The naira on Wednesday exchanged at 445.83 to the dollar at the Investors and Exporters window, a depreciation of 0.01 per cent, compared with the 445.80 it exchanged on Tuesday.
The open indicative rate closed at N444.25 to the dollar on Wednesday.
An exchange rate of N452 to the dollar was the highest rate recorded within the day’s trading before it settled at N445.83.
The naira sold for as low as 426 to the dollar within the day’s trading with a total of N127.78 million was traded at the official Investors and Exporters window.
Meanwhile, Hassan Oaikhenan, a professor of Economics at the University of Benin, Benin-City, has attributed the depreciation of the naira to excess naira in circulation chasing the few dollars.
He urged the Central Bank of Nigeria to limit the supply of the naira using the currency redesign as an opportunity to take firm hold of the supply of the naira.
“The way to go therefore is that now that the denominations are redesigned, it is up to the CBN to as much as possible, limit, control, manage, tighten the quantity of the redesigned currency.
“Especially the higher denominations in circulation. They have to be properly managed so that at the end of the day, this phenomenon of too much naira chasing few dollars can be addressed.
“If that is sustainably done, then we will see an improvement of the exchange rate of the naira to the dollar,” he said.
Ibadan Residents Groan As Petrol Marketers Adjust Pump Price To N300 Per Litre
Car owners, motorists and commercial cab operators in Ibadan, the Oyo State capital, have continued to groan as the scarcity of Premium Motor Spirit (PMS), also known as petrol, bites harder.
Reports have it that Ibadan and other towns and cities across the country have been experiencing a shortage of the commodity for the past few weeks.
Our correspondent gathered that the situation worsened at the weekend when some of the petrol stations selling the product shut their gates against prospective buyers, with independent marketers adjusting their prices to N300.
This is against the previous pump price of between N195 and N270.
It was observed that some of the few stations that belonged to major marketers have also adjusted their pump price to N190 against the previous pump price of N180.
Our correspondent who went around some major roads in Ibadan in the early hours of Monday observed that scores of commuters plying major roads were stranded due to the ongoing fuel scarcity.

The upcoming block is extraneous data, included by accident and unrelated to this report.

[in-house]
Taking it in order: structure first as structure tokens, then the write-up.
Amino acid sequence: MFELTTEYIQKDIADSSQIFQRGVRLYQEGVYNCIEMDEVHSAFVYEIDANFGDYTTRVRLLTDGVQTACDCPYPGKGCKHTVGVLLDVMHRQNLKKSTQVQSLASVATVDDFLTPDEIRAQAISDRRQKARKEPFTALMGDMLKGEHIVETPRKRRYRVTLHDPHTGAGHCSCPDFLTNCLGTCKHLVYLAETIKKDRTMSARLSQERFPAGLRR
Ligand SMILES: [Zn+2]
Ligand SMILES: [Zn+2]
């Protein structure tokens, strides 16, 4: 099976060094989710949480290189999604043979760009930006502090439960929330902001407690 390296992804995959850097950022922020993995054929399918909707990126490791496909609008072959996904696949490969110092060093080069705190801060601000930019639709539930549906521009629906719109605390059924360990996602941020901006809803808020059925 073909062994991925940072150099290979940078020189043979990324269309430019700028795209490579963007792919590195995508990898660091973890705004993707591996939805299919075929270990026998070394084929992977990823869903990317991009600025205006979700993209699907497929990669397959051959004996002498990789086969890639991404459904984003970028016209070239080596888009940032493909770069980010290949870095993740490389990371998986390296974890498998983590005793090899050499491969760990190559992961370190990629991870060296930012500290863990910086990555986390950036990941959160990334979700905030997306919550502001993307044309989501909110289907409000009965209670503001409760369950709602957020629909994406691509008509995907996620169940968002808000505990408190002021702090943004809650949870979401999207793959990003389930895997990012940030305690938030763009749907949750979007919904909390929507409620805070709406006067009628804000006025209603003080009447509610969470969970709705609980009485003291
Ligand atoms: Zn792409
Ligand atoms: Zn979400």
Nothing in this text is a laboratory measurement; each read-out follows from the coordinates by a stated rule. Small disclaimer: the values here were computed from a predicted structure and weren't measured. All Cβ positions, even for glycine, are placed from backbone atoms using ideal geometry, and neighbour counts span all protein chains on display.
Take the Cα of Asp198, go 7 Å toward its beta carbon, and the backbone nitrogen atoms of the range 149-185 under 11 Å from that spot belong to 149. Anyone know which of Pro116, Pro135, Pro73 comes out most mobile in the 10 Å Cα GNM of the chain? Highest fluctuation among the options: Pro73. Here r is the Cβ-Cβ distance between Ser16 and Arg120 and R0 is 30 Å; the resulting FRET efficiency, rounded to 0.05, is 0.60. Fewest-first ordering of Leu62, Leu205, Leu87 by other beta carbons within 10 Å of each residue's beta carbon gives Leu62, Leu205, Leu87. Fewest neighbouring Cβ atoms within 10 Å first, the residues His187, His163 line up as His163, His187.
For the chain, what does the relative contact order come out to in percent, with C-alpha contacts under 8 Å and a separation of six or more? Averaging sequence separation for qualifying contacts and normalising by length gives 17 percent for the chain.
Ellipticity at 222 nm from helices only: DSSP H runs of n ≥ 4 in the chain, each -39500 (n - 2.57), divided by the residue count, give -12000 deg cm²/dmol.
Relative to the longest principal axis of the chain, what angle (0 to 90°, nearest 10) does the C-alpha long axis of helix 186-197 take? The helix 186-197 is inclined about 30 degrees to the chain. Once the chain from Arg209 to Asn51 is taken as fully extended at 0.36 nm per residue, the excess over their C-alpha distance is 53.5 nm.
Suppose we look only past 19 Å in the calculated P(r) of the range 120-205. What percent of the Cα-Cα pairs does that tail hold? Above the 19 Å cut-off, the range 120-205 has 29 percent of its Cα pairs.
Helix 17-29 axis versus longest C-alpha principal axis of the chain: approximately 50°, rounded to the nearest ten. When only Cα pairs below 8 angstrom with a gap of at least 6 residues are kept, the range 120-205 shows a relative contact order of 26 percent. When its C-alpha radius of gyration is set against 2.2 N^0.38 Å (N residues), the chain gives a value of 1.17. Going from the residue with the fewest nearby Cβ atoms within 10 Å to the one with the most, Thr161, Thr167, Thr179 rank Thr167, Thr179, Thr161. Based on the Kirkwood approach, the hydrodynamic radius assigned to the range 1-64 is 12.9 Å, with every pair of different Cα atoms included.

Some of the areas visited included Bodija, Sango, Sango-Eleyele Road and Secretariat Road.
It was also observed that long queues are currently experienced in most petrol stations selling at N190.
A resident, who identified himself as Mr Ayanda, said that he bought the commodity at the rate of N190 in one of the petrol stations that belonged to major marketers after spending several hours on Sunday.
“I bought the petroleum at the rate of N190 at NNPP station at express on Sunday. It took me several hours because I cannot go to the place where they sell at N300. It is too expensive”.
Another resident, Mr Adekunle, however, said that he bought the commodity at the rate of N300 on Sunday.
“My son, I have decided to queue here because I cannot afford to buy at the rate of N300 again. I bought at the rate of N300 yesterday. It pained me to the bone marrow”.
Labour Rages Over Persistent Petrol Scarcity Across Nigeria
The Nigeria Labour Congres and the Trade Union Congress have described as unacceptable the lingering scarcity of petrol across the country and the unapproved price hike above N240 a litre in the country.
They urged the government to find an immediate solution to the shortage before things get out of hand.
In a joint statement by the Nigeria Labour Congress (NLC) and the Trade Union Congress of Nigeria (TUC), the Organised Labour said that no excuse was good enough for the shortage because no private individual or company was importing a litre of PMS into this Country.
They argued that all products are imported by the government and there is no record whatsoever that the agency of government that is importing the products has added a kobo to the price it sells the products to the marketers.
In the statement signed by the President of NLC and TUC, Ayuba Wabba, and Festus Osifo, respectively and titled “Fuel shortages, price hike and avoidable long queues in filling stations are unacceptable and no longer tolerable”, said they are reliably informed that the shortage is deliberately fostered by players in the downstream sector in order to hike the price far above the government approved threshold.
The statement read “The leadership of the Nigeria Labour Congress (NLC) and Trade Union Congress (TUC) are seriously bewildered and disturbed by the persistent shortage and uncontrollable prices that players in the downstream sector of the petroleum industry are meting out to Nigerians.